As with so many pirates, the facts concerning 'Calico'1 Jack Rackham's early years are largely unknown. We do not really know when or where he was born, and although he was a fairly active pirate on his own, his enduring fame is due more to his association with the two most famous female pirates of all time, Anne Bonny and Mary Reed, than to any exploits of his own.
Rackham's first documented history dates from 1718 when he was serving as a quarter master with the pirate Charles Vane. Calico Jack was by all accounts a popular and loyal crew member and is likely to have been onboard Vane's ship when they captured a brigantine full of slaves. This ship became Vane's flagship and was the scene of Vane's encounter with the infamous pirate Blackbeard in the September of 1718 near to Ocracoke Island. The encounter between the two ships has become the stuff of legend: a week-long party ensued, news of which eventually reached the ears of Alexander Spotswood, the Governor of Virginia. Spotswood assembled a small force of Royal Naval ships and crew which he dispatched to capture the pirates. This force arrived at Ocracoke on 21 November, 1718, but they were too late. Vane and his crew were spotted two days later 1800km to the south in Windward Passage between the islands of Cuba and Hispaniola2.
Captain Jack Rackham
The sighting of a French ship in the Windward Passage by Vane's crew ultimately proved to be the cause of Rackham's elevation to captain. Vane approached the ship, expecting it to be a normal merchant ship, and prepared the attack. The ship turned a broadside on Vane's small brigantine, thus revealing itself to be a full French Man O'War. Vane decided that living to fight again would be a better idea than engaging, and he ordered a retreat. As Vane was the captain in charge during a combat action, the well-disciplined crew obeyed his orders until they were far away and safe. Then the arguments broke out. Most of the crew believed they could have captured the Man O'War, and as one of the world's early democracies they voted Vane out. Rackham was elected the new captain of the William, and Vane and his few loyal crew members were given a small sloop and cast off.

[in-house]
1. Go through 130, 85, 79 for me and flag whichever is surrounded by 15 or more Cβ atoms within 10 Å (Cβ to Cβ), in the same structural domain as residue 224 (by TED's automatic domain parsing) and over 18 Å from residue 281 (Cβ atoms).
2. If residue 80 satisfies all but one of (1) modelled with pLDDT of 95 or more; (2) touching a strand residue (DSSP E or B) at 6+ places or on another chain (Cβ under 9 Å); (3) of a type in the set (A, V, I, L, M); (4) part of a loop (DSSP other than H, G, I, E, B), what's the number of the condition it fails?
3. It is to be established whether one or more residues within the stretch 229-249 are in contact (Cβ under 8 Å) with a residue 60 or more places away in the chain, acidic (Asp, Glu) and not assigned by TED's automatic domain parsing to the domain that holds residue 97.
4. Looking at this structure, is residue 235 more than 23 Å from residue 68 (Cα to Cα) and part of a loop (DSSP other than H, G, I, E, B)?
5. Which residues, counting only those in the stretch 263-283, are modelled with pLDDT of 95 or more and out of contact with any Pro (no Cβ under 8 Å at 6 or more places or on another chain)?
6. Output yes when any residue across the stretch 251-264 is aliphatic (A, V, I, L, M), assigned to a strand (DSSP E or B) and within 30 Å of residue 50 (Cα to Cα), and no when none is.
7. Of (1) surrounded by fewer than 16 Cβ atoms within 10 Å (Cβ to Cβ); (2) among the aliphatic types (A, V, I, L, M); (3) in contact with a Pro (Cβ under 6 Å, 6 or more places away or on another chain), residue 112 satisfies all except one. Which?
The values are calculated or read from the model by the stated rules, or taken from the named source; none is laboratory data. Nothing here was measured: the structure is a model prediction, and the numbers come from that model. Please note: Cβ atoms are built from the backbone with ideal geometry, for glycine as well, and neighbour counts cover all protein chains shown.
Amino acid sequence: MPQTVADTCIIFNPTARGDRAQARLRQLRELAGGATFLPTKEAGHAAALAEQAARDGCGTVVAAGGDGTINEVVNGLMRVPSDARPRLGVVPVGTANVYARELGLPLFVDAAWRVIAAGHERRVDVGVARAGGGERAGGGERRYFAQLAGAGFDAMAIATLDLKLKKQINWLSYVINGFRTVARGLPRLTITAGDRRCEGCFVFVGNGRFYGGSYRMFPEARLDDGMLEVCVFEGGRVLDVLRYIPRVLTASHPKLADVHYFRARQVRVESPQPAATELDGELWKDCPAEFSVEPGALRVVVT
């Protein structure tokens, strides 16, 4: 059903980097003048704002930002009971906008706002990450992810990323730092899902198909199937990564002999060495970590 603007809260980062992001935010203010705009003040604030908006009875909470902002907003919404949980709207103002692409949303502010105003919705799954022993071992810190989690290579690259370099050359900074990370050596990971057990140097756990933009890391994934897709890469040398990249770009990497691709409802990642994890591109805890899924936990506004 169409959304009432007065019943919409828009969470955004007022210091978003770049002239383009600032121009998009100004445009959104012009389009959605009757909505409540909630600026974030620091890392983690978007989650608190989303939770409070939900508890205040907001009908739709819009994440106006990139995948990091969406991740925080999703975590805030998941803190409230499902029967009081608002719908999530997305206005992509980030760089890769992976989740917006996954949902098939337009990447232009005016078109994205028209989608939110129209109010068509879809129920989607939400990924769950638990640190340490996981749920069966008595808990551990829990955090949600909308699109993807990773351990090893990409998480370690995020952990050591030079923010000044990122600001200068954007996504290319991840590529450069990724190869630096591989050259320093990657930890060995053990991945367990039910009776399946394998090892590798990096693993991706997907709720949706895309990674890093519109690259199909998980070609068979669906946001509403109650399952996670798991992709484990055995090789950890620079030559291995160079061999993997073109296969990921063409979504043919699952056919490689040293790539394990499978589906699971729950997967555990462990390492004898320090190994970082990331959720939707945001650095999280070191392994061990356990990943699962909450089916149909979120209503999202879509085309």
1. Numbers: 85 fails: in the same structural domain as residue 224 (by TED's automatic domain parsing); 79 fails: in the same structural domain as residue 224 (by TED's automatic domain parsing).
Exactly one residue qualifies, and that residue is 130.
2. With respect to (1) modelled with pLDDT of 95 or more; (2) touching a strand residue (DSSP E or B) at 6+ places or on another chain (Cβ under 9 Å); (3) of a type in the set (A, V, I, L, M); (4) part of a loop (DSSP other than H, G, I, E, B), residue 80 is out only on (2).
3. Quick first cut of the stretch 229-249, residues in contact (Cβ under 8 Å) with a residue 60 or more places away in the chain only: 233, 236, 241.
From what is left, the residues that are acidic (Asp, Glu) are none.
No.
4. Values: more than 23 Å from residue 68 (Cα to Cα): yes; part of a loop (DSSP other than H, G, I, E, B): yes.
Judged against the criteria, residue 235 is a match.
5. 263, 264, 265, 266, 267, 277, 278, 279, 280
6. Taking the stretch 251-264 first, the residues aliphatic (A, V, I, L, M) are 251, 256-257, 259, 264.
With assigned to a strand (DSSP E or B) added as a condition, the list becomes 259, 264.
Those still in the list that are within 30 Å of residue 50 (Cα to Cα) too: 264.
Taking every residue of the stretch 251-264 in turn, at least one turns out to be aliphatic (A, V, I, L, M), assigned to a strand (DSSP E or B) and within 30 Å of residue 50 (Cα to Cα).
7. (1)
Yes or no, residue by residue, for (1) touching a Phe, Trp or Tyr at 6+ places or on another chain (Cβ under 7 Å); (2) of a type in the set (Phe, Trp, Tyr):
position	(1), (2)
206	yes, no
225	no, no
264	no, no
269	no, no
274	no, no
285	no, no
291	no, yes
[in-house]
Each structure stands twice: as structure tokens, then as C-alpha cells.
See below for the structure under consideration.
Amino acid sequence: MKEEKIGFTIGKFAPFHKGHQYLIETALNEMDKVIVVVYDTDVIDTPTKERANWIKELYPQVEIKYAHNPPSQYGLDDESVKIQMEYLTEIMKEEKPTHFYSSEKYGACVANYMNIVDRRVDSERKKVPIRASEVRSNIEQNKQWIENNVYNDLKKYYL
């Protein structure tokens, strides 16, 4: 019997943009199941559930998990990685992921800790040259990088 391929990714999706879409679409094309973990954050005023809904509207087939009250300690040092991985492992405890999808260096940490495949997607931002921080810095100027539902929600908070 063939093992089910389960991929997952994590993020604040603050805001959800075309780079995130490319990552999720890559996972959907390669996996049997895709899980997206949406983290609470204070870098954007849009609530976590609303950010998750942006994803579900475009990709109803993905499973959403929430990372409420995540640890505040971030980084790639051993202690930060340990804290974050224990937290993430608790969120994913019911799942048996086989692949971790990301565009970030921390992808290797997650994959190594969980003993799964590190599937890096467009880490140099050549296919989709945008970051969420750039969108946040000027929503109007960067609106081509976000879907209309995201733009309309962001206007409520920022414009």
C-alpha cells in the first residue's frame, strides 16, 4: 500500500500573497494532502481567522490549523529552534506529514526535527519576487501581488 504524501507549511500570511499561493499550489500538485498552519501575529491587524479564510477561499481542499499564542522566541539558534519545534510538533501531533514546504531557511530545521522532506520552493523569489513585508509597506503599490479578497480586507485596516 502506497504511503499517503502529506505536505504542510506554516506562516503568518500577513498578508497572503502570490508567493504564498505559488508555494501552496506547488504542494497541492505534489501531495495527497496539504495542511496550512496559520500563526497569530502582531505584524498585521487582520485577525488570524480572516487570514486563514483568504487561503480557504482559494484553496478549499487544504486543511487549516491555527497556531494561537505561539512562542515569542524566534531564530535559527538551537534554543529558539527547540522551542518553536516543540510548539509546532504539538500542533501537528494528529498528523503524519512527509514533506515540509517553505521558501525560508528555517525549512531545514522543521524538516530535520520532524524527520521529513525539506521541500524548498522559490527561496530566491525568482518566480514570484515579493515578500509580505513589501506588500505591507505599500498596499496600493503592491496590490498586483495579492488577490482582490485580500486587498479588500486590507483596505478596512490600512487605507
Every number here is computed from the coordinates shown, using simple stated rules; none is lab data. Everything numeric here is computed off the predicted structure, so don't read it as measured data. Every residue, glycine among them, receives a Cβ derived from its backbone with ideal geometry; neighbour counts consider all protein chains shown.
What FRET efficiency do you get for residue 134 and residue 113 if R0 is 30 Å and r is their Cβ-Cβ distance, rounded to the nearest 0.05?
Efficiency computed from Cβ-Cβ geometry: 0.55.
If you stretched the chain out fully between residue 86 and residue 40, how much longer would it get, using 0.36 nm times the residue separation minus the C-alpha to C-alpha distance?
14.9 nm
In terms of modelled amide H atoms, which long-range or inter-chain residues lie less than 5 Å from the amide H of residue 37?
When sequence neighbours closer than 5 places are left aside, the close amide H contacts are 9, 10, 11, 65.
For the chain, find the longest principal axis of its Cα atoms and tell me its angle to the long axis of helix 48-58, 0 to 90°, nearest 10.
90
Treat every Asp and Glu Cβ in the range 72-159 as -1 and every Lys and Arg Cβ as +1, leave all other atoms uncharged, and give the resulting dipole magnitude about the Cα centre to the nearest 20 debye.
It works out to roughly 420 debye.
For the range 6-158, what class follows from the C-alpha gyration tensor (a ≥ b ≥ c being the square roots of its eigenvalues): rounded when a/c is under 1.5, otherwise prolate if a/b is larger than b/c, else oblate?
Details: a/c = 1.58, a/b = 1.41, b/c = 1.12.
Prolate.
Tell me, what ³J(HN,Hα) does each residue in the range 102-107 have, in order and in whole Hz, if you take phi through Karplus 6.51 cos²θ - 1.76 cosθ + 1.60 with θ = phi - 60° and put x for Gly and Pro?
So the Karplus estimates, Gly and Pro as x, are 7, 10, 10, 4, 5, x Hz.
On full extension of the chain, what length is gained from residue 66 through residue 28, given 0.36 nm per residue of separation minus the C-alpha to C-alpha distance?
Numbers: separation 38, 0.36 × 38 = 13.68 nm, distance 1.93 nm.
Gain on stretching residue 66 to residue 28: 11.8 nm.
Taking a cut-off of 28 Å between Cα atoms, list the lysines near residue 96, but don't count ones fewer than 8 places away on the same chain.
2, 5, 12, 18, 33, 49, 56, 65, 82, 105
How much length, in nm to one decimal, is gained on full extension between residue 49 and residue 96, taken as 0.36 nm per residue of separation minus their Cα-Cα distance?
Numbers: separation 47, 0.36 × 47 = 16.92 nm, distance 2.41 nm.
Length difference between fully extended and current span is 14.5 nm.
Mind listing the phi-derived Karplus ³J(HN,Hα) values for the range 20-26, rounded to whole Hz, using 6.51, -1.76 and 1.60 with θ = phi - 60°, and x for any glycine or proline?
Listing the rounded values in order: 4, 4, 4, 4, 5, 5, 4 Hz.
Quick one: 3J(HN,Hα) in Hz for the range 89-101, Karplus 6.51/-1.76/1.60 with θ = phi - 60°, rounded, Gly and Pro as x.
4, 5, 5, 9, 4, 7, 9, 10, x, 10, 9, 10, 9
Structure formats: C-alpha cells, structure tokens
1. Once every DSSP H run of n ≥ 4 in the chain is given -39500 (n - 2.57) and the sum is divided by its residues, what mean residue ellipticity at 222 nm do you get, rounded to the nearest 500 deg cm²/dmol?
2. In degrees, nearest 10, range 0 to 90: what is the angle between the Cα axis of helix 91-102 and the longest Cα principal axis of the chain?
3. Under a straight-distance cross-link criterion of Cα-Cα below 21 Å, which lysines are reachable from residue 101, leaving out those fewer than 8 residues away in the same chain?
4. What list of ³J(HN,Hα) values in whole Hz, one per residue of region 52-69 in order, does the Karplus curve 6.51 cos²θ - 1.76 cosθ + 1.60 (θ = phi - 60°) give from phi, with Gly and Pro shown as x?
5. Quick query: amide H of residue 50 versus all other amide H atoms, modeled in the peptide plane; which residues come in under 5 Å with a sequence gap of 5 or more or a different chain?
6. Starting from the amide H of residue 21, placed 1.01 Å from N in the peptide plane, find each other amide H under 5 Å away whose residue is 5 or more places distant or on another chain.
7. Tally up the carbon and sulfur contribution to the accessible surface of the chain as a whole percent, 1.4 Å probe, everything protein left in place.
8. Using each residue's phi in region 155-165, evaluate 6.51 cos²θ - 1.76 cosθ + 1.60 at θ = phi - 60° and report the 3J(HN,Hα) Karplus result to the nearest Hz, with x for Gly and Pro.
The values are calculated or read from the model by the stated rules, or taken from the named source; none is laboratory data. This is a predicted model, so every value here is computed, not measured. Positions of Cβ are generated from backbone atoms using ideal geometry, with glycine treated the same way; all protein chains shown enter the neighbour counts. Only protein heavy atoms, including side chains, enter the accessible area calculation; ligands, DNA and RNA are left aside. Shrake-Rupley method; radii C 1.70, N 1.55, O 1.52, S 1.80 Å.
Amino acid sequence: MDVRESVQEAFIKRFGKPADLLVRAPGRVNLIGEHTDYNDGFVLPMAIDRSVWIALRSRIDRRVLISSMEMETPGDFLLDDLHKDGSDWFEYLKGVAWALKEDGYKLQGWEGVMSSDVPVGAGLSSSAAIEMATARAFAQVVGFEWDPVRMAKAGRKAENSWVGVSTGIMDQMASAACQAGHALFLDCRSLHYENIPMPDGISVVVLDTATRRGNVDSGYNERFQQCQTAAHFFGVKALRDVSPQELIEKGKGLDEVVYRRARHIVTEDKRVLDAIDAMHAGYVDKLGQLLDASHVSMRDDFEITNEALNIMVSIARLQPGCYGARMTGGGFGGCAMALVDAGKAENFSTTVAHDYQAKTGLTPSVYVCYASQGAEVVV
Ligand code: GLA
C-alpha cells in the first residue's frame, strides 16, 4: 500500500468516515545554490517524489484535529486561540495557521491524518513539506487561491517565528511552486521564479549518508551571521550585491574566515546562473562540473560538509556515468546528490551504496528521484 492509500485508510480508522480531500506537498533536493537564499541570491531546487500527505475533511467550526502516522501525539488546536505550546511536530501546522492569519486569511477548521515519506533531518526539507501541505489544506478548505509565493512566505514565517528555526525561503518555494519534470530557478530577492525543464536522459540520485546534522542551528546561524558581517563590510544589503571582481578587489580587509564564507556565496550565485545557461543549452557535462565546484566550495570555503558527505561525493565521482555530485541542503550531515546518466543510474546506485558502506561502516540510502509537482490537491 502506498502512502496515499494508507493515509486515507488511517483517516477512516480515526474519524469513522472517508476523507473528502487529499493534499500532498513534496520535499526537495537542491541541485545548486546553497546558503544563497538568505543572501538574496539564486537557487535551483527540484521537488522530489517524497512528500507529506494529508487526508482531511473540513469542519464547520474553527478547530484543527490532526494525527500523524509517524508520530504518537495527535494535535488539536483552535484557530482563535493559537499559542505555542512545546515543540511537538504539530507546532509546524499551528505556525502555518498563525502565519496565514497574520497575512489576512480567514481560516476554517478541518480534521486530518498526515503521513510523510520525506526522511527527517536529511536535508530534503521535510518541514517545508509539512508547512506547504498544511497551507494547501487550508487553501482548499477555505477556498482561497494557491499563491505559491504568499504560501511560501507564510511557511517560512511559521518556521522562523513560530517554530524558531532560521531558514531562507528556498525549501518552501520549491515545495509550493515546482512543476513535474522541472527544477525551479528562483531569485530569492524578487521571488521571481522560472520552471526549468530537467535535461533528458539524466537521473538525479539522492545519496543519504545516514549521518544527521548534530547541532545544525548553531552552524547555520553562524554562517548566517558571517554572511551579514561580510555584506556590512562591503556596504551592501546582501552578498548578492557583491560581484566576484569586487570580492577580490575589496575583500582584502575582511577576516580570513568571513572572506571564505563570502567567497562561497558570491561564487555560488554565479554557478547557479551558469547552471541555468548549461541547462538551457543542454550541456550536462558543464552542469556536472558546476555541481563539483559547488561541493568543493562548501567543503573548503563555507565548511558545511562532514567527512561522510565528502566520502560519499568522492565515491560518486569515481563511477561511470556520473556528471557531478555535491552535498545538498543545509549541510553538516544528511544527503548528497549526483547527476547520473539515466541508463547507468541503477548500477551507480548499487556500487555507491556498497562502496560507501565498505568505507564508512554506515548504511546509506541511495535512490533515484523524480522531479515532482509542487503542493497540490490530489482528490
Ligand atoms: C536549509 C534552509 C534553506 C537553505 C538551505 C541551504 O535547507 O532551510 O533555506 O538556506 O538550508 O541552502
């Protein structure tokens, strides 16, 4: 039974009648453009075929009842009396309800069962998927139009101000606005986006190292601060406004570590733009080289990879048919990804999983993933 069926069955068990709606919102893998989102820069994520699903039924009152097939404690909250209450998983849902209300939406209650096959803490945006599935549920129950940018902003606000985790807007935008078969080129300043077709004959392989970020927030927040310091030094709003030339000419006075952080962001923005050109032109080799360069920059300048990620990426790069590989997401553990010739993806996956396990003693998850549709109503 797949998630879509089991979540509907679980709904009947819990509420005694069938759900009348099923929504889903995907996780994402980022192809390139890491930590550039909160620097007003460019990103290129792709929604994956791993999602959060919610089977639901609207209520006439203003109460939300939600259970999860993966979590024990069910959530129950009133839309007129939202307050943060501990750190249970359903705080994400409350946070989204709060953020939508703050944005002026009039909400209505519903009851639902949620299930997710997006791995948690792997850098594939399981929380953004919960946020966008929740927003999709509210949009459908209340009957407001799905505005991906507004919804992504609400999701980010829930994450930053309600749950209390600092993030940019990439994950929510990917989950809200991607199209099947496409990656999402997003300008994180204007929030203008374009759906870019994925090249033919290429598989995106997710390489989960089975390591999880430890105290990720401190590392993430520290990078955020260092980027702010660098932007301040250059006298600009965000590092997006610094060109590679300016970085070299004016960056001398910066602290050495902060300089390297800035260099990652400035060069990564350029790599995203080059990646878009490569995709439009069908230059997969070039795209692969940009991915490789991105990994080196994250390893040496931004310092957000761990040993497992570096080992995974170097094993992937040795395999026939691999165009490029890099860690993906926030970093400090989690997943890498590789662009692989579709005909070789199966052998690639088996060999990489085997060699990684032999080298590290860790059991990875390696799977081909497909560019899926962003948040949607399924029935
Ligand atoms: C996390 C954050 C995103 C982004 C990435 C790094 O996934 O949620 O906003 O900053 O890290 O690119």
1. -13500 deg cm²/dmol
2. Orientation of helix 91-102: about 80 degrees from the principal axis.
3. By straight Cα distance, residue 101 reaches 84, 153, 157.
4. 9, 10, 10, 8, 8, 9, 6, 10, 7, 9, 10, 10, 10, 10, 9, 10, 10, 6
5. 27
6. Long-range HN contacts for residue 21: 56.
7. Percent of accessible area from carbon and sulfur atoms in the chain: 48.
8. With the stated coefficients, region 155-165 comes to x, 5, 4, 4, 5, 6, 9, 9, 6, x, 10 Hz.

In July of 1718 the new Governor of the Bahamas, Woodes Rogers, had issued a pardon to any pirate who wanted to receive one. He used this tactic to reduce piracy, as he was able to hire many newly-pardoned pirates as privateers set up to hunt their ex-colleagues. In May 1719 Rackham sailed to Nassau town on New Providence, an island in the Bahamas, to accept this pardon and to settle down. While there he met a woman named Anne Bonny who eventually would create Calico Jack's fame. Anne and Jack were attracted to each other and Anne soon fell pregnant, even though she was married to another, not very successful pirate named James Bonny. Rackham took Anne off to Cuba to be cared for by friends while she had her baby; however, the baby was born prematurely and died shortly afterwards. This devastated Bonny, so Rackham returned her to be with her friends. Meanwhile James Bonny was furious about this betrayal by Anne and went to see Governor Rogers to demand that she be punished. Rogers owed Anne a favour, as she had warned him of an earlier attempt on his life, so instead of punishing her then and there he asked James Bonny to accept Rackham's offer to buy Anne from him. This would have solved everything, except Anne was furious; she refused to be bought and sold like an animal. This caused a problem. She couldn't continue to see Rackham, or else she'd be punished (probably publicly flogged) and she refused to be purchased; so instead she created a third option and ran away to sea with Rackham, disguised as a man!
Calico Jack and Anne Bonny spent the next few months hunting fishing vessels and small merchant ships in the Caribbean. During this time Rackham captured a ship aboard which was another woman, namely Mary Read. She also joined Rackham's crew, and the three set about plundering and pillaging in true pirate fashion. On 20 August, 1720 Rackham stole a small vessel from Nassau harbour and sailed to Negril Bay in Jamaica. He was pursued by Captain Jonathon Barret, a privateer who was hunting pirates across the Caribbean. There is some debate about what happened next. Either there was a short battle which Barret quickly won, or he managed to surprise Rackham. What isn't in doubt is that when Barret's crew stepped onto Rackham's vessel, Rackham and his crew surrendered with little resistance. Mary Read and Anne Bonny, though, fought until they were physically restrained. Rackham was sent to St Jago de la Vega in Jamaica, tried and convicted of piracy on 16 November, 1720. Calico Jack and 11 of his crew mates were hung until dead over the course of two days, 19 and 20 November3. Anne Bonny and Mary Read escaped the death penalty by declaring that they were pregnant.
Calico Jack Rackham was never a hugely successful pirate. Most of his robberies were on a fairly small scale, and he'd have probably drifted into obscurity after his death if it weren't for his association with the two women pirates. Yet he must have been disappointed with the last words he had from the love of his life, Anne Bonny. She stated that 'she was sorry to see him there in gaol, but if he had fought like a man, he need not be hanged like a dog'.